Winery accused of false labelling

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The NZ Herald reported that a South Island wine company, its winemaker and ex-directors have been accused of falsifying vintage and origin details on sauvignon blanc and pinot noir from Marlborough and Waipara from the 2011, 2012, 2013 and 2014 vintages.

A total of 156 charges has been laid by the Ministry for Primary Industries (MPI) against Southern Boundary Wines Ltd and its vineyard manager and winemaker Scott Charles Berry, winemaker Rebecca Junell Cope and operations/export manager Andrew Ronald Moore. Berry and Moore were directors of Southern Boundary Wines Ltd until they resigned in January.

The NZ Herald revealed that the charges included various allegations,

“… including labelling wine as a certain vintage when in fact the grapes came from another year, false statements over where the wines came from, selling blended wines as coming from one vineyard, and trying to destroy or hide winemaking records.”

“Wines in question have allegedly been exported to the UK, Japan, Fiji, Thailand, and Australia.”

Acting CEO for NZ Winegrowers, Jeffrey Clarke, responded to the charges by saying,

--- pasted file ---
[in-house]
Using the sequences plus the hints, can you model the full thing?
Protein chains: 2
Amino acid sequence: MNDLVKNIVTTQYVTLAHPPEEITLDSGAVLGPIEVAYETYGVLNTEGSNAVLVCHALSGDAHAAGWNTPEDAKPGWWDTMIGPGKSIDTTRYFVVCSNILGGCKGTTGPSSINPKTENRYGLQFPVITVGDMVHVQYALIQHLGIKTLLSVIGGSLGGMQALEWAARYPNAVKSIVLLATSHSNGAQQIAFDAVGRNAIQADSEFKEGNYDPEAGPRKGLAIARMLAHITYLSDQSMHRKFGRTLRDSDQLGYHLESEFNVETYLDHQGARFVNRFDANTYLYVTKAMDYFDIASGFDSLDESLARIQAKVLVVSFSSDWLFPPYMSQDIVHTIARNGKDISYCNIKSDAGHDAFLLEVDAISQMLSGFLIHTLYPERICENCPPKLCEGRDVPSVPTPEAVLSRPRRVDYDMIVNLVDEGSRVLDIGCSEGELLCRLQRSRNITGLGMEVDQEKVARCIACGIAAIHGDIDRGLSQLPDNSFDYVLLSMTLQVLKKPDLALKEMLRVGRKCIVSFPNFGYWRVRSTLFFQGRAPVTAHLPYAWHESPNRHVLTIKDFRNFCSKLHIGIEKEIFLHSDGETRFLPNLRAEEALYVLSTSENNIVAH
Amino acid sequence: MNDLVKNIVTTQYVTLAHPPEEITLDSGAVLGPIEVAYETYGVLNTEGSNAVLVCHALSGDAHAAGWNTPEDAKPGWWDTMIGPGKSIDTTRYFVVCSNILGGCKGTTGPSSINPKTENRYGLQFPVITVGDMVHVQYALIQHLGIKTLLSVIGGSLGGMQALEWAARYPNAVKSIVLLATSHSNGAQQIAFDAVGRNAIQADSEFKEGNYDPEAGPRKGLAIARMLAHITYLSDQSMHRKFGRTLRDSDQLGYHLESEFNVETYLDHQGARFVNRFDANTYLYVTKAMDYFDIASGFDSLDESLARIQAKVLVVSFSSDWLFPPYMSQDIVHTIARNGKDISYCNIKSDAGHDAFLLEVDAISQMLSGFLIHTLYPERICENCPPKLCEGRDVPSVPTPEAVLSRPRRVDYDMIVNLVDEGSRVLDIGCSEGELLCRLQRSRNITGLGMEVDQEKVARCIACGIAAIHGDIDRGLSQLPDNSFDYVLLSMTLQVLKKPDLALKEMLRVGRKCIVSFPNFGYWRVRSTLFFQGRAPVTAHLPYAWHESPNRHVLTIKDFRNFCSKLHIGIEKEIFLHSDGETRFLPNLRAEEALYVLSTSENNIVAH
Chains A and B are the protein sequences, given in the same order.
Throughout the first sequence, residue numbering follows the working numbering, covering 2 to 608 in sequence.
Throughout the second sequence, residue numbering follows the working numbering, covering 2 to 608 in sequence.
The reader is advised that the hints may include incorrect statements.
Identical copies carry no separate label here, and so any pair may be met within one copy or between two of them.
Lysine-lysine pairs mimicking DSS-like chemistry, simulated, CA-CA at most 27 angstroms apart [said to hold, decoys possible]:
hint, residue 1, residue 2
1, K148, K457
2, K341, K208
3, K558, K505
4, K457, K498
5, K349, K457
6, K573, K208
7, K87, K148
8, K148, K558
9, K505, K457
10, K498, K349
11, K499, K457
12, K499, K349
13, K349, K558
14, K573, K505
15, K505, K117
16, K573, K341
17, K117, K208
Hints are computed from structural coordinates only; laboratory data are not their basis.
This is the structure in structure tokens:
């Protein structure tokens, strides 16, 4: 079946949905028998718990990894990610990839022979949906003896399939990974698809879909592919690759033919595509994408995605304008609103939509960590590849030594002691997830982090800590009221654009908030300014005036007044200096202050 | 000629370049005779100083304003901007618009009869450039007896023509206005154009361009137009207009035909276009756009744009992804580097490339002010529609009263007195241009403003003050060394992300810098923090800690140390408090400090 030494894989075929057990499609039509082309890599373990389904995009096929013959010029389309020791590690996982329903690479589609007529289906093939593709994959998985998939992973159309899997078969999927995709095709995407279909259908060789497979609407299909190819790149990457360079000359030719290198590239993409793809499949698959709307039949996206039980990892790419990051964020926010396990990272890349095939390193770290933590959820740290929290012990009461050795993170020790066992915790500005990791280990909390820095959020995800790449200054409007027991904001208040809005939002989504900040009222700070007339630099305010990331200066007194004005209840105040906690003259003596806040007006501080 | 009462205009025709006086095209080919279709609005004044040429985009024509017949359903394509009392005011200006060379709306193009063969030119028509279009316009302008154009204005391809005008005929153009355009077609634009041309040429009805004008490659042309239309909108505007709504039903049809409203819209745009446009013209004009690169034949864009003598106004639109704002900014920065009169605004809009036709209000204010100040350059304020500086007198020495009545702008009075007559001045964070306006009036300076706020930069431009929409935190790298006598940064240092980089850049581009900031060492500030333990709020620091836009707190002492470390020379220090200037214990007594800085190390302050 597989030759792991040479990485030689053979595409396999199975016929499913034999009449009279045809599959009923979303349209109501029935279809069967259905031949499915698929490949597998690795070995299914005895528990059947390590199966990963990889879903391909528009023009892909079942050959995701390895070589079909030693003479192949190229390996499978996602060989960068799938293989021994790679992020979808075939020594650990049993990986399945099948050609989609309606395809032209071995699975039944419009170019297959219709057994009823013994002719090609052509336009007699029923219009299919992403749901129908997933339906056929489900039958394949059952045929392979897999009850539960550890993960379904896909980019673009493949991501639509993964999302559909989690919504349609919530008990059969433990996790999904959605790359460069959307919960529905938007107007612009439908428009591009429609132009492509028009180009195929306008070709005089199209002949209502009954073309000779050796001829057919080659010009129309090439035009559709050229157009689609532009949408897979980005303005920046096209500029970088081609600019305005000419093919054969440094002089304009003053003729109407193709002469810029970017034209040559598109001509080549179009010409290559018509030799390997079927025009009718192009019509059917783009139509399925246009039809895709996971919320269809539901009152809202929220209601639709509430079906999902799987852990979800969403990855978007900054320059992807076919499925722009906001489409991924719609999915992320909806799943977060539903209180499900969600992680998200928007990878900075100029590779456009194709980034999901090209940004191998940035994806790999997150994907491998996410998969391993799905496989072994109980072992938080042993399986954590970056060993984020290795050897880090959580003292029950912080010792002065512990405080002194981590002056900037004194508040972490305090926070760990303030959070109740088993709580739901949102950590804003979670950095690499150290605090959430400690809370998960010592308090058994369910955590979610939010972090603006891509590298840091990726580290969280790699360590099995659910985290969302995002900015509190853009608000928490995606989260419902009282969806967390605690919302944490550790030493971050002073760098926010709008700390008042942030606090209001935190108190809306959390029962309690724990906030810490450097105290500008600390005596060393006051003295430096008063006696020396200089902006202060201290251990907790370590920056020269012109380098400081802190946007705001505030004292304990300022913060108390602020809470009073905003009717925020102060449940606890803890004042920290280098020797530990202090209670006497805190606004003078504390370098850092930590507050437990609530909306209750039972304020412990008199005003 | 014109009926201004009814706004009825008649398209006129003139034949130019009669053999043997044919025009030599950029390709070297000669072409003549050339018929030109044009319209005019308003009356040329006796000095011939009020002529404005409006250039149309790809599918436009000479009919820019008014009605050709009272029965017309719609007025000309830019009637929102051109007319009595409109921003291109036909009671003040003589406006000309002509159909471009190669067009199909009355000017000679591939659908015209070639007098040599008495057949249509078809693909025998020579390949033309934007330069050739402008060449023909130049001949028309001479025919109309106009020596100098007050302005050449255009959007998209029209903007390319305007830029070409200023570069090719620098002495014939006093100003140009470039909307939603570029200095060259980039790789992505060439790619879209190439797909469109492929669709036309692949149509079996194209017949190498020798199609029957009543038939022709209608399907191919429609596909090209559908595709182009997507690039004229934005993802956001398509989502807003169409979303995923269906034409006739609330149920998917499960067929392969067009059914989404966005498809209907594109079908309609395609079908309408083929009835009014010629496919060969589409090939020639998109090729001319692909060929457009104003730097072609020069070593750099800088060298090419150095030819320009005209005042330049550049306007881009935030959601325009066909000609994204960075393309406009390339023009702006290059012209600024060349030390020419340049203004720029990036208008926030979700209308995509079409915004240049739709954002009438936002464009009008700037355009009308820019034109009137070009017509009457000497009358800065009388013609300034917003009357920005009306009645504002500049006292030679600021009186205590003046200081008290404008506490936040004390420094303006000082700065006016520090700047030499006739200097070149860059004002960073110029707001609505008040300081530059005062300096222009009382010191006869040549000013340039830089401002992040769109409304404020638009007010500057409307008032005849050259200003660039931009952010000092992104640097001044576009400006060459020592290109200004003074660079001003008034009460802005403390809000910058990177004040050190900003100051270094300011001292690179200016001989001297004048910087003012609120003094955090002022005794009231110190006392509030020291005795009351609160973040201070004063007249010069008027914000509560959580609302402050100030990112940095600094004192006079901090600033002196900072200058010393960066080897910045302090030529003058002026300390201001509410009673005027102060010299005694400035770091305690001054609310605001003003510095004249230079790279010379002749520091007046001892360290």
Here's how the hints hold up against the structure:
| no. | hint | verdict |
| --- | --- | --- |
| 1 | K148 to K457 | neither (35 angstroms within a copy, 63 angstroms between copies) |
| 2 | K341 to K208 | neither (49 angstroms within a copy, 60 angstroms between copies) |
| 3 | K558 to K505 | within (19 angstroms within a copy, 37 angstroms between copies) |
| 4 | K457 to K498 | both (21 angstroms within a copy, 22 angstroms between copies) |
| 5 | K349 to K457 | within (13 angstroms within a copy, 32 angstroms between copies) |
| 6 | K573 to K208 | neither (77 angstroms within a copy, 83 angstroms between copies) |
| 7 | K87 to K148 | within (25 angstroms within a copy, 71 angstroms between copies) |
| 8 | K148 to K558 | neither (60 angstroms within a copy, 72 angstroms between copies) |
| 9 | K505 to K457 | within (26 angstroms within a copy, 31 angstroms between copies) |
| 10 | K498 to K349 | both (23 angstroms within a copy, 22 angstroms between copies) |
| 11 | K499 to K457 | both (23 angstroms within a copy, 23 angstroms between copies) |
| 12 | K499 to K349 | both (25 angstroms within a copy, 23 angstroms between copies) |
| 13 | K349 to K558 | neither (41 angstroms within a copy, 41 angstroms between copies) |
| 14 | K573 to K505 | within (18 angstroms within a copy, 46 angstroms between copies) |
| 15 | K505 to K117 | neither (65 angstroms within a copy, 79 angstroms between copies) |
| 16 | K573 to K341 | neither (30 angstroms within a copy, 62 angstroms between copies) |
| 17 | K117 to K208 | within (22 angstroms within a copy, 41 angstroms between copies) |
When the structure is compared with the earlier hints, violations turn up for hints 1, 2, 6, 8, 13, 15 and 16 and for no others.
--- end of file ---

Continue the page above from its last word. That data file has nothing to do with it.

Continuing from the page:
“New Zealand wineries and grape growers are committed to the highest standards of product integrity and quality, and there are very good systems in place in New Zealand to ensure this. The investigation proves the systems in place work and it is appropriate that this matter is before the courts.”

“The New Zealand wine industry is highly regarded around the world and we cannot let the alleged actions of one winery damage a reputation that we have all worked so hard to build”, said Mr Clarke.

One thought on “Winery accused of false labelling”

  1. John Lord says:

    As an enthusiastic amateur wine lover, I cannot comment on the judging or quality. Gold medals I believe do confuse the general public, but perhaps the problem is not that they were given, but there is no obvious reason for what reason on the label. Is it not time for us to mandate that if awards are shown/claimed, then the category needs to appear on the label also. After all, we are trying to educate and influence the consumer, not the expert who knows why, or knows where to go to find the answer.. John L

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